New to nonprofit accounting? No problem!
Our goal for this course is to provide you with the backbone techniques and principles to start tracking your nonprofit’s or church’s financials while keeping them as actionable and succinct as possible. Sign up here and we will send you the entire course through email.
We’re going to dive into some of the day-to-day tasks so you are up-to-date and accurate, as well as what you will need to do to close out your bookkeeping each month.
Much like a business, churches receive money, spend money, purchase inventory, pay bills, and transfer money between banks on a daily basis. Keeping up with these daily or weekly transactions will speed up your month-end close process. Here is a quick breakdown of some of the most common tasks you will need to accomplish when managing your church’s books.
– Enter Income and Expenses – You will need to track what Asset account it impacts, the Income or Expense account it is categorized by, and the Equity account
– Prepare your bank deposits – More on this tomorrow, but make sure you track your donations by fund and note which of your income is tax-deductible for giving statements
Pro Tip: Always have two people count the giving received each Sunday and prepare the bank deposit slip. This improves accountability and transparency that all donations received were deposited.
– Pay bills – Track the due date of new bills so you can more easily anticipate your cash flow
Pro Tip: For good internal controls, choose a separate person to sign checks that confirms the amount matches the invoice or estimate and is an approved expense.
– Journal Entries – This is less common, but happens when you have a transaction that is not a standard expense or deposit. For example, if you need to transfer dollars between funds or bank accounts, such as allocating a portion of your General Fund to your Missions fund, you would note this in a Journal Entry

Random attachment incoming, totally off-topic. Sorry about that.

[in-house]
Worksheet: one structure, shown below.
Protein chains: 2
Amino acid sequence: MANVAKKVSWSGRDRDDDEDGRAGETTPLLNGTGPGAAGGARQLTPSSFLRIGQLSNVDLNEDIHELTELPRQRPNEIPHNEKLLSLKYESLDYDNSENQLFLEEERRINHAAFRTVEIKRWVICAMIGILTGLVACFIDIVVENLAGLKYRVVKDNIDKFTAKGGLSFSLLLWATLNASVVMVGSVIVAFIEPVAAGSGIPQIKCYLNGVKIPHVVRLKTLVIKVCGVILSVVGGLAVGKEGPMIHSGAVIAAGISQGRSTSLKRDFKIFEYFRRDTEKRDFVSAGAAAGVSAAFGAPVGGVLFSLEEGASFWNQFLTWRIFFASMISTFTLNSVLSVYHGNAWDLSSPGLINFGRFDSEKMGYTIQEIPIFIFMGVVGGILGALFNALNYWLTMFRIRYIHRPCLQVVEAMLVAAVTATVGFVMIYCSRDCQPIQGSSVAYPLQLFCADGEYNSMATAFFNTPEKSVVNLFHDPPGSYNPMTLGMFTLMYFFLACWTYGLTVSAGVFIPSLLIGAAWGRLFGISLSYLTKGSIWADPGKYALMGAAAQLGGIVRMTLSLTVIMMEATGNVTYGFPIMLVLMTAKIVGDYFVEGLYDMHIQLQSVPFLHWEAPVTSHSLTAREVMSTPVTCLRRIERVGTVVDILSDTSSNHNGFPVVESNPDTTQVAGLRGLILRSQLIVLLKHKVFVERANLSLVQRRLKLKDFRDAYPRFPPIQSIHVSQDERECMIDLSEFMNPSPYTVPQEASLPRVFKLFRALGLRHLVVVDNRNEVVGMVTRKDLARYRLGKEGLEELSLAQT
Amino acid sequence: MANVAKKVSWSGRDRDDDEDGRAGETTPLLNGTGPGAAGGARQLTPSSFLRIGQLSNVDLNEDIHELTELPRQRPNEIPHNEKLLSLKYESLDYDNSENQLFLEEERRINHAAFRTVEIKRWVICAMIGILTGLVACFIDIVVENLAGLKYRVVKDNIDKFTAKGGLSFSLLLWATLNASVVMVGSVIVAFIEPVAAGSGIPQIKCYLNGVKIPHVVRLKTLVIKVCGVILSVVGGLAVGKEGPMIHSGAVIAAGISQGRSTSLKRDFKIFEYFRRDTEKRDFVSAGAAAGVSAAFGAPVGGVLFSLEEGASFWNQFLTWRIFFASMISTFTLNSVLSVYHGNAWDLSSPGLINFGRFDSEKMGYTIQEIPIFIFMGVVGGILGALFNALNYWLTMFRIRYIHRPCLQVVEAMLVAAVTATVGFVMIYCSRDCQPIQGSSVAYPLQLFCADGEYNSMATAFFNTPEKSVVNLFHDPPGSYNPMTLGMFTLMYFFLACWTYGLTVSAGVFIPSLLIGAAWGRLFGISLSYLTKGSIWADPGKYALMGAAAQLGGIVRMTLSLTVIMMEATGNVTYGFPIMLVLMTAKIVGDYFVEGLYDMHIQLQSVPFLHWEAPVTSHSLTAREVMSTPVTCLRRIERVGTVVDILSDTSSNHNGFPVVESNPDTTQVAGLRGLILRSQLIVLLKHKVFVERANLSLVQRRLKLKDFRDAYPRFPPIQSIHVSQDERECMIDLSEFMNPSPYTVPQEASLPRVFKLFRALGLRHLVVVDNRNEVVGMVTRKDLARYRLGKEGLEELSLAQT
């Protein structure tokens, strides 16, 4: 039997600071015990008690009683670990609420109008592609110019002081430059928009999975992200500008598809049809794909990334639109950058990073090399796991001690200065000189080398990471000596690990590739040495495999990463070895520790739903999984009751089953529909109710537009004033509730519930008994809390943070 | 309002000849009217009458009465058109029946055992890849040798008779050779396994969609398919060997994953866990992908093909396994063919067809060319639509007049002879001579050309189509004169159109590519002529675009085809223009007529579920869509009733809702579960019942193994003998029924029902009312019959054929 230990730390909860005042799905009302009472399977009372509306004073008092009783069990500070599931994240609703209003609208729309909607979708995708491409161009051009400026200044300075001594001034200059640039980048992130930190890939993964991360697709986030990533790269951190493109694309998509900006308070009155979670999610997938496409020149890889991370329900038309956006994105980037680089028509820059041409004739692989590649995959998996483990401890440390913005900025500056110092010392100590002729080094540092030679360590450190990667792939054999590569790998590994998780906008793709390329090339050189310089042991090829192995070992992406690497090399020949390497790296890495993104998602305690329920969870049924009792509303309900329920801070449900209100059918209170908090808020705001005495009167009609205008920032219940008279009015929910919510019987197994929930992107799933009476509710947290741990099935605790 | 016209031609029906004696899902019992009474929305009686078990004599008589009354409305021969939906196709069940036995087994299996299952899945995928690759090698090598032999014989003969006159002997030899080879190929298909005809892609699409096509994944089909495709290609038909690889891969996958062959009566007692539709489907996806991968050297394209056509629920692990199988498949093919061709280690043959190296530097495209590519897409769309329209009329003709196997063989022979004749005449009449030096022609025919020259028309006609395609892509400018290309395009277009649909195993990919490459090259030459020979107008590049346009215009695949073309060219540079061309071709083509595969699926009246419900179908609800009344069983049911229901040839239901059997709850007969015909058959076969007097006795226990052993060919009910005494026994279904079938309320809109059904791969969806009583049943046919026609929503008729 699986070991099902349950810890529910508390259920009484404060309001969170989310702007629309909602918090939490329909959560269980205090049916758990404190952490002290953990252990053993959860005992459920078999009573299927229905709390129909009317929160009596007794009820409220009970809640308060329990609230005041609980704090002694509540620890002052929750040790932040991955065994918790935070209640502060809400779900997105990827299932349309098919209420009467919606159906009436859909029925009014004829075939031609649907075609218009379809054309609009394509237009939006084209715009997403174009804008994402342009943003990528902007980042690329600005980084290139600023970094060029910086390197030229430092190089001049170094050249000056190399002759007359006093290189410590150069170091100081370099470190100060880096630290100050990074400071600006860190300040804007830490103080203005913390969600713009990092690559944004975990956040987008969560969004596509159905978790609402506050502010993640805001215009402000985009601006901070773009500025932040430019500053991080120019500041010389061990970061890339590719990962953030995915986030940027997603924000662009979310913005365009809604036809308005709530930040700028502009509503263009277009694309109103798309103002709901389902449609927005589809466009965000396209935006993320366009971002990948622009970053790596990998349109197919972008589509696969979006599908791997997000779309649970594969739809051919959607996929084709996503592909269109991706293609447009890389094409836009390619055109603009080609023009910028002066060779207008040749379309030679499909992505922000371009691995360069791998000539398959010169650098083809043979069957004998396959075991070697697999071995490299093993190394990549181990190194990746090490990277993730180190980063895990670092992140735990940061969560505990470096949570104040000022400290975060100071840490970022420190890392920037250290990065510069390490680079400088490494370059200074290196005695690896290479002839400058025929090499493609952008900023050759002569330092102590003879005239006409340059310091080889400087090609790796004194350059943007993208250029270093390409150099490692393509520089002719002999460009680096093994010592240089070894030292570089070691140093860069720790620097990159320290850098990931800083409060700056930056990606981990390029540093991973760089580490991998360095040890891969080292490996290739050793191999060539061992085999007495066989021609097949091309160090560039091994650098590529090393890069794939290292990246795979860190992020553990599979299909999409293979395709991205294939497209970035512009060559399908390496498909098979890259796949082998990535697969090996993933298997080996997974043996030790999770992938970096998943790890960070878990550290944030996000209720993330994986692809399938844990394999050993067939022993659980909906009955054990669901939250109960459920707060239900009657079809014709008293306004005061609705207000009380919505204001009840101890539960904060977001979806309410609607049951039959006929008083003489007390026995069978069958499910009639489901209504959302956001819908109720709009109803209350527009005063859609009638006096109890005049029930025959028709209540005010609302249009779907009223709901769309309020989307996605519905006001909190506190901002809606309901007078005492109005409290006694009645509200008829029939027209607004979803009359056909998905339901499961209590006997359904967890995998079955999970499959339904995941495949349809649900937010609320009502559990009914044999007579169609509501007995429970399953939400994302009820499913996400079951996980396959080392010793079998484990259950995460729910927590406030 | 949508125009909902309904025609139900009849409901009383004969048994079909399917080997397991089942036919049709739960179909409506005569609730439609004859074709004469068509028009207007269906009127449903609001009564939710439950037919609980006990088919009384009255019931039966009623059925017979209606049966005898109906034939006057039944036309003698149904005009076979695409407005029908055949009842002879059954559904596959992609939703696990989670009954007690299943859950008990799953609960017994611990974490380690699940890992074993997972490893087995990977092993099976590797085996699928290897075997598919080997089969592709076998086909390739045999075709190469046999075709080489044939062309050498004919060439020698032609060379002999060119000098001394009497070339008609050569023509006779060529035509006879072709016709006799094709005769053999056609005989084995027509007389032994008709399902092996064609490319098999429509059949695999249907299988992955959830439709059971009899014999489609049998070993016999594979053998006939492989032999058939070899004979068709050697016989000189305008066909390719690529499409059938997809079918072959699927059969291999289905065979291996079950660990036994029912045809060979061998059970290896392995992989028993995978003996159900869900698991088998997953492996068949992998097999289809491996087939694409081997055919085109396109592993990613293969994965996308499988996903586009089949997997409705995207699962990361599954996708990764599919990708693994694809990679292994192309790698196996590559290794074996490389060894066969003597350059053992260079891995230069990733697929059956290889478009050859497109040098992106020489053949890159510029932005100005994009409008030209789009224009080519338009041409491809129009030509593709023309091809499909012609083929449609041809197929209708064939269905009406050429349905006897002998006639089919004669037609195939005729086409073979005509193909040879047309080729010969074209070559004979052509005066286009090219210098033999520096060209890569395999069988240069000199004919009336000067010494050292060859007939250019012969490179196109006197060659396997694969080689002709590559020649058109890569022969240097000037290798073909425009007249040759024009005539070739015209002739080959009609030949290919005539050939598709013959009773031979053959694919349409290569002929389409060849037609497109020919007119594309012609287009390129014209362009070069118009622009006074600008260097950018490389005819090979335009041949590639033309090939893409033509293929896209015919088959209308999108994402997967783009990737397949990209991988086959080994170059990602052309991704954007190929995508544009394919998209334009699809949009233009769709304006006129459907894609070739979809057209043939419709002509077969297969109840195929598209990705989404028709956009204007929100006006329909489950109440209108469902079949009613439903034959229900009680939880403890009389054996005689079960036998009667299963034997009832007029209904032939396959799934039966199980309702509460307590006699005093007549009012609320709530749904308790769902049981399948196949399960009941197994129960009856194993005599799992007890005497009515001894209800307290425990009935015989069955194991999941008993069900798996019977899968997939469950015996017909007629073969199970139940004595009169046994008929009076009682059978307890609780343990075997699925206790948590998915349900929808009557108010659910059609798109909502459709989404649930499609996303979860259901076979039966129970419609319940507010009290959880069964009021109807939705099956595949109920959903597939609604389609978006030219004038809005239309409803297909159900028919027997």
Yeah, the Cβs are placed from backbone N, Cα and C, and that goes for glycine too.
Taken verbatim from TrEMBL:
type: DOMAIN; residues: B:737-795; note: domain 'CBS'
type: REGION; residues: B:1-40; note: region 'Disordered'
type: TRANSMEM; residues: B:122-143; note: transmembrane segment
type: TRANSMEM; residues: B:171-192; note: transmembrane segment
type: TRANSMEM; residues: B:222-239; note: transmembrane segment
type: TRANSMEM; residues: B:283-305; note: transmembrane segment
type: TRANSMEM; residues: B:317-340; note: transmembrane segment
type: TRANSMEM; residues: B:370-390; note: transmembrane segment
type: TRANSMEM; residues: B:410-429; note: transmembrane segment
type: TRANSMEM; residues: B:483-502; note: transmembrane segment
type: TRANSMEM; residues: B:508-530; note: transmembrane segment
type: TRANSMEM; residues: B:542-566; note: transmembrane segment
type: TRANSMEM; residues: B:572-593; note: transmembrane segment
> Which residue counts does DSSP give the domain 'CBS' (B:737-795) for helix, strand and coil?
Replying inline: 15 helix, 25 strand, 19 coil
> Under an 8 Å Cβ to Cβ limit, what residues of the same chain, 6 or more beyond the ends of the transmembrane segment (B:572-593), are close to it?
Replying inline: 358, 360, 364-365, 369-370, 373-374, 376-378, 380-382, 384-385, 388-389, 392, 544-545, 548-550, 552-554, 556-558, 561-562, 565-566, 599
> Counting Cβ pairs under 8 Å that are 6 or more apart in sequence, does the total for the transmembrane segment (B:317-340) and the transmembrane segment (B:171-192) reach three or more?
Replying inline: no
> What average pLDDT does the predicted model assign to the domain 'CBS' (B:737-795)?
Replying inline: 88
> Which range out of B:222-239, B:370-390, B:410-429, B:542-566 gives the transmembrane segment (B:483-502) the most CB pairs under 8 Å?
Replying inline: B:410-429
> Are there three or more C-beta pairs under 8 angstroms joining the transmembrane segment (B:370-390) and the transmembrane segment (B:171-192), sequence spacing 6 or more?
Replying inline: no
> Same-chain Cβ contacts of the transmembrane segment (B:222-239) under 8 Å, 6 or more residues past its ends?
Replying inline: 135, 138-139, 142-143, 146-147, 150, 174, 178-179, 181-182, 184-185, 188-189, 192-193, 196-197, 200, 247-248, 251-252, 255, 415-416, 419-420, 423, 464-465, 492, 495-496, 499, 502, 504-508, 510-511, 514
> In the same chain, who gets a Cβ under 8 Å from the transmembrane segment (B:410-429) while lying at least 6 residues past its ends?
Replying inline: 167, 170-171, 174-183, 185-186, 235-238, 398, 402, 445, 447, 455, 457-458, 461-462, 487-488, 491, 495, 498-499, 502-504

– Complete a bank reconciliation – This is an important part of your monthly bookkeeping and internal controls
Pro Tip: Have someone other than the bookkeeper check the month-end financials and bank reconciliation report to help spot errors. It is much easier to fix if you catch them early.
Having a monthly checklist can help ensure that all financial transactions that affect your bottom line are accounted for. Setting a deadline for the month end close helps too (for example, close month and run reports by the 5th of the following month). Here is a checklist of all the tasks to get finished when closing out your bookkeeping each month.
Now that you understand what to maintain each month, if you want to see more, sign up here and we will send you the rest of the course through email. and we’ll delve deeper into the subject! We’ll talk on how to set up your chart of accounts, tracking your giving in your accounting, and so much more!